The work groups are: Generation Y (Gen Y) — defined as ages 15 to 30 years — which represent 14 percent of the U.S. labor force and are a high risk for workplace injuries; and Baby Boomers — defined as ages 49 to 67 years. Fatal work injury rates for workers 65 years of age and older was more than three times the rate for all workers.

AMT: What are the main challenges that the aviation industry is facing in terms of these generational differences?

Randy DeVaul: Many Baby Boomer aviation workers are able to retire but don’t necessarily want to retire. Those employees are working longer because they enjoy what they do or they have postponed retirement for various economic reasons. One in five people in the workplace are over the age of 55. By 2016, one-third of the total U.S. work force will be age 50 or older, and the number of those workers will increase to 115 million by 2020.

Another factor is that many manufacturing jobs have moved out of the U.S., limiting the opportunity for Gen Y to develop an interest in, or work in, manufacturing or other heavy industries. Therefore, we have an aging work force that isn’t wholly retiring and a skilled labor gap. In the aviation industry, this is creating challenges related to general safety, airplane safety, and worker quality of life.

AMT: What are the safety implications of the Baby Boomer generation continuing to work past the age of retirement?

Randy DeVaul: As part of its Safe-Skilled-Ready Workforce Initiative, NIOSH conducted research related to aging, shift work, and fatigue. One finding was that after a person consistently works a 10- to 12-hour shift, their response times become similar to a person who is legally drunk. When an older worker is doing shift work while fatigued, it can be a challenge for them to perform their tasks as efficiently and safely as they could 20 years earlier — especially when working in environments with exposure to hazards, lifting, carrying, and other injury triggers.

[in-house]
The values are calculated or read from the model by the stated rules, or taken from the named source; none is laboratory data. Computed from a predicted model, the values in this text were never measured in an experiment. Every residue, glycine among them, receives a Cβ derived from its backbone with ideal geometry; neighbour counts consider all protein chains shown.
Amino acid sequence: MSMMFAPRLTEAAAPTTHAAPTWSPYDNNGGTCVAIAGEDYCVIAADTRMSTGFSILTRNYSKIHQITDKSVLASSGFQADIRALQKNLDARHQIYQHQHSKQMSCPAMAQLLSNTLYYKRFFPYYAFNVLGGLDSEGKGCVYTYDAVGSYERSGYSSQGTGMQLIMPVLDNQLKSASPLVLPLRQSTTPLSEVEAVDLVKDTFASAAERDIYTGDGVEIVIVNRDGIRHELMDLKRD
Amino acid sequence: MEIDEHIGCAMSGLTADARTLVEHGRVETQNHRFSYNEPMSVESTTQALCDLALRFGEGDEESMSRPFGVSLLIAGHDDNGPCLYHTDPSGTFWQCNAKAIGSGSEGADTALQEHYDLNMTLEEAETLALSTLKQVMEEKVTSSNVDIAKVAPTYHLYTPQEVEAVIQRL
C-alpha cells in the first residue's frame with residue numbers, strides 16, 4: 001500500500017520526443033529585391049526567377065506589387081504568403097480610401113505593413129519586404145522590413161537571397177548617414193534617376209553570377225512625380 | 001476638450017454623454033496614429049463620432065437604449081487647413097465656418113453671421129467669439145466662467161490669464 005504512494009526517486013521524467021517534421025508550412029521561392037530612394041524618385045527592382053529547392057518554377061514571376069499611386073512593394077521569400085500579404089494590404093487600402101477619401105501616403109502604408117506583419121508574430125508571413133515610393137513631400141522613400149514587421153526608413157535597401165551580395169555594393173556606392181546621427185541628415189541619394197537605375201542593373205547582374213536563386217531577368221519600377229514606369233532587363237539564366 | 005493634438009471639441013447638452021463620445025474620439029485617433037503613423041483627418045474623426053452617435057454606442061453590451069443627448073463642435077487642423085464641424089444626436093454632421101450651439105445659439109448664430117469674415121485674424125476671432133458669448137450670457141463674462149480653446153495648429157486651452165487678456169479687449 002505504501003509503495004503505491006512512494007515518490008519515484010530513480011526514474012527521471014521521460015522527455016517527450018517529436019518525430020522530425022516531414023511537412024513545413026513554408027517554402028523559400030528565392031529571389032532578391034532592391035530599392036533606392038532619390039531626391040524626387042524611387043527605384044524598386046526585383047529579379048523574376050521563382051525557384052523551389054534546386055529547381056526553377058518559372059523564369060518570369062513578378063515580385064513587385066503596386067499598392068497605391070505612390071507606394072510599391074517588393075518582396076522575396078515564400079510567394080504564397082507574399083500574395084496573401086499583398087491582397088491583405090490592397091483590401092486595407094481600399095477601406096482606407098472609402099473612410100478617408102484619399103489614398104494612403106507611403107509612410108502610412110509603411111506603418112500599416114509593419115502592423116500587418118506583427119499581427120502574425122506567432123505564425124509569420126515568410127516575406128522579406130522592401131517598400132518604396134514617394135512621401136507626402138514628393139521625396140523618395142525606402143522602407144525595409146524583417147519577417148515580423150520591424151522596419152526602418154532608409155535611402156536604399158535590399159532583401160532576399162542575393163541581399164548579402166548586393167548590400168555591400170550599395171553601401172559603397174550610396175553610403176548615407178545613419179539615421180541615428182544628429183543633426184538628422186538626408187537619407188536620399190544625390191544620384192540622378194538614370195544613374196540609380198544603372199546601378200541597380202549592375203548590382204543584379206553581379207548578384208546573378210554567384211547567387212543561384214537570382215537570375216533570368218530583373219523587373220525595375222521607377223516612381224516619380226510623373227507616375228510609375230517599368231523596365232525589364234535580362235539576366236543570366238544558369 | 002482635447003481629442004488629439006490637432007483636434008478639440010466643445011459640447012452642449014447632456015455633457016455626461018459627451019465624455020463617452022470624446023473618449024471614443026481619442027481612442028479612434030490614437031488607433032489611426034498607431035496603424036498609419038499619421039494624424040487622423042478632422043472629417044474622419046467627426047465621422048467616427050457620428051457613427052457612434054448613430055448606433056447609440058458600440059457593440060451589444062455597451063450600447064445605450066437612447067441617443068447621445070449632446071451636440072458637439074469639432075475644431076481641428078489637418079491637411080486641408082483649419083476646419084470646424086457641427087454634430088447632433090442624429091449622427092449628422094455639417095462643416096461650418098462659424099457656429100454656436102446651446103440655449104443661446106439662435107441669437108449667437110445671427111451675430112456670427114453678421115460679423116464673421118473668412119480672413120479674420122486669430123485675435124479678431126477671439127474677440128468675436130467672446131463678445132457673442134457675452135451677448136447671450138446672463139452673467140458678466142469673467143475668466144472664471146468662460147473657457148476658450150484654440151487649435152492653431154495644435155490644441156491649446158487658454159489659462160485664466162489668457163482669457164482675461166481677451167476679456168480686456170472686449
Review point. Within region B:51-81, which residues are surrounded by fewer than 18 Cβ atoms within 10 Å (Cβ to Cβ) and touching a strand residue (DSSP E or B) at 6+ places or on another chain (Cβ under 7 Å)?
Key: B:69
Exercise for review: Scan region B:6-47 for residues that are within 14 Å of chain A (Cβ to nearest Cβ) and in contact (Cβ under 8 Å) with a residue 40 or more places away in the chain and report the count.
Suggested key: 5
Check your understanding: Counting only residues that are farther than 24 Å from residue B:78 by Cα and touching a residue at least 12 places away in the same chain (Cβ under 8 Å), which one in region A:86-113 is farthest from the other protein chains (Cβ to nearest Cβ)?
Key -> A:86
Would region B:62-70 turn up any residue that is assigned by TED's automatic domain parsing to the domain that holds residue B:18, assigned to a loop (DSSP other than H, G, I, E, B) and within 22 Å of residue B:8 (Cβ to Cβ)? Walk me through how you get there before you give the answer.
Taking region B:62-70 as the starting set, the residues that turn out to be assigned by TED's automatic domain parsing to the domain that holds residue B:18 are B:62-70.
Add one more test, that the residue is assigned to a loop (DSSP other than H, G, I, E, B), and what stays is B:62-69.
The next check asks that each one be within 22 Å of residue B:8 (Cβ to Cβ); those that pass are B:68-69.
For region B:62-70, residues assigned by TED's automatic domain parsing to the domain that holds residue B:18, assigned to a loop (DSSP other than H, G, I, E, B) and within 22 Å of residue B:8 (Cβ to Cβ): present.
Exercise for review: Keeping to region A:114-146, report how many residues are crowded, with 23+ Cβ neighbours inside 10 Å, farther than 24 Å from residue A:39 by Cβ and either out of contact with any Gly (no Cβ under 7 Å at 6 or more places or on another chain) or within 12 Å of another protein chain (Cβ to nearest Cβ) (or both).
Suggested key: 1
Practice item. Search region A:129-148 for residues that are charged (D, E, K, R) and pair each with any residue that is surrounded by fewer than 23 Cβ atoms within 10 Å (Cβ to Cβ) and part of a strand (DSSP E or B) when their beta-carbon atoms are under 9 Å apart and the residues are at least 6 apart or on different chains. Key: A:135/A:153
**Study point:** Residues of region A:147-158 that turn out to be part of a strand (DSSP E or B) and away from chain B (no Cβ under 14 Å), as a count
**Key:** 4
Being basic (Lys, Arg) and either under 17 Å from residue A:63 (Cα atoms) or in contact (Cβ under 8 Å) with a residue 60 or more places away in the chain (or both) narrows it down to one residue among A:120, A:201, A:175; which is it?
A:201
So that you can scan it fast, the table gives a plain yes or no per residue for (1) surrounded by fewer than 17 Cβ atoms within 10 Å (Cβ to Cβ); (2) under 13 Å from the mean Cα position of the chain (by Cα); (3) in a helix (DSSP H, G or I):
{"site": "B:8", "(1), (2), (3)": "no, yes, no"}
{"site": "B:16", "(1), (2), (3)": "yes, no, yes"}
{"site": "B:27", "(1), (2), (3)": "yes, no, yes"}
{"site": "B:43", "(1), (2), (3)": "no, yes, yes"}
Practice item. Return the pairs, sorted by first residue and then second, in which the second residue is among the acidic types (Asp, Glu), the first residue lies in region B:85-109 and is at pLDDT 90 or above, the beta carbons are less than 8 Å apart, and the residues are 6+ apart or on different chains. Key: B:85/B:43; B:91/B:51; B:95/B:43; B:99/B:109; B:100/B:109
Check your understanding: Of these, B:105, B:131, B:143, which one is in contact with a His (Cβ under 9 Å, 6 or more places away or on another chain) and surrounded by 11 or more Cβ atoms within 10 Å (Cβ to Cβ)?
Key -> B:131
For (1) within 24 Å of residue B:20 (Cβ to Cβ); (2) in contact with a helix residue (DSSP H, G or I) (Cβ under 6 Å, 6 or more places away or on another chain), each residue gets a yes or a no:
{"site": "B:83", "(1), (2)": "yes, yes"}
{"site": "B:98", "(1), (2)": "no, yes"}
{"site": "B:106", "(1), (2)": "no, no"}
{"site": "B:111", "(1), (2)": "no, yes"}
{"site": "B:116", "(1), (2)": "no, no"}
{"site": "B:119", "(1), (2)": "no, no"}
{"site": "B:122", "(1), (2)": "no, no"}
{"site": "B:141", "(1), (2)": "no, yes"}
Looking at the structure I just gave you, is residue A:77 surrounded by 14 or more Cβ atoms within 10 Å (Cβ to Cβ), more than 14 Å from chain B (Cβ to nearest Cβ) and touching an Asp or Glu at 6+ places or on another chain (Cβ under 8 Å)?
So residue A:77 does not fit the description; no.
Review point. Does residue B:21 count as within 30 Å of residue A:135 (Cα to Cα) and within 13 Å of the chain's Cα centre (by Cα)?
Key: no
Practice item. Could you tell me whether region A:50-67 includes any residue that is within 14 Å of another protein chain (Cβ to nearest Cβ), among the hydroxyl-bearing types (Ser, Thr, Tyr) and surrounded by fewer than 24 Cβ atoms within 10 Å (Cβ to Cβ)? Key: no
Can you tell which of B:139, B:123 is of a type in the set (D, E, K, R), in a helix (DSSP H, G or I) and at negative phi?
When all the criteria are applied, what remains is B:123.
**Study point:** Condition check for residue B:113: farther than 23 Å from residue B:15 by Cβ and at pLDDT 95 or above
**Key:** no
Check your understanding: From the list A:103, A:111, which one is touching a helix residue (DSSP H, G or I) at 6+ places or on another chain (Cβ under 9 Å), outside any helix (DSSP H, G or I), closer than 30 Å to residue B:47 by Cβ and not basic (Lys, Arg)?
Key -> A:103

Injuries also tend to increase in severity, recovery time, and cost with critical older talent. This creates a quality of life challenge for the injured and their family and for their employer because an experienced worker is out on lost time and the employer incurs the expenses of that recovery. Recent estimates show that accident compensation amounted to more than $51.1 billion in direct costs annually for U.S. employers.

AMT: What are some of the differences in attitudes and behaviors between the two generations regarding workplace safety?

Randy DeVaul: In general, Gen Y is understood to be an entitlement generation that has grown up with everything being done for them or has the expectation that it will be. Part of that thinking carries over into the workplace. Employers are faced with a younger generation that is unskilled in certain tasks due to a lack of experience. These workers have the expectation that someone is watching out for them and may not understand the limitations of their PPE. Therefore, they may not take responsibility for their safety. Conversely, if Baby Boomers are injured, they feel that it is simply part of their job.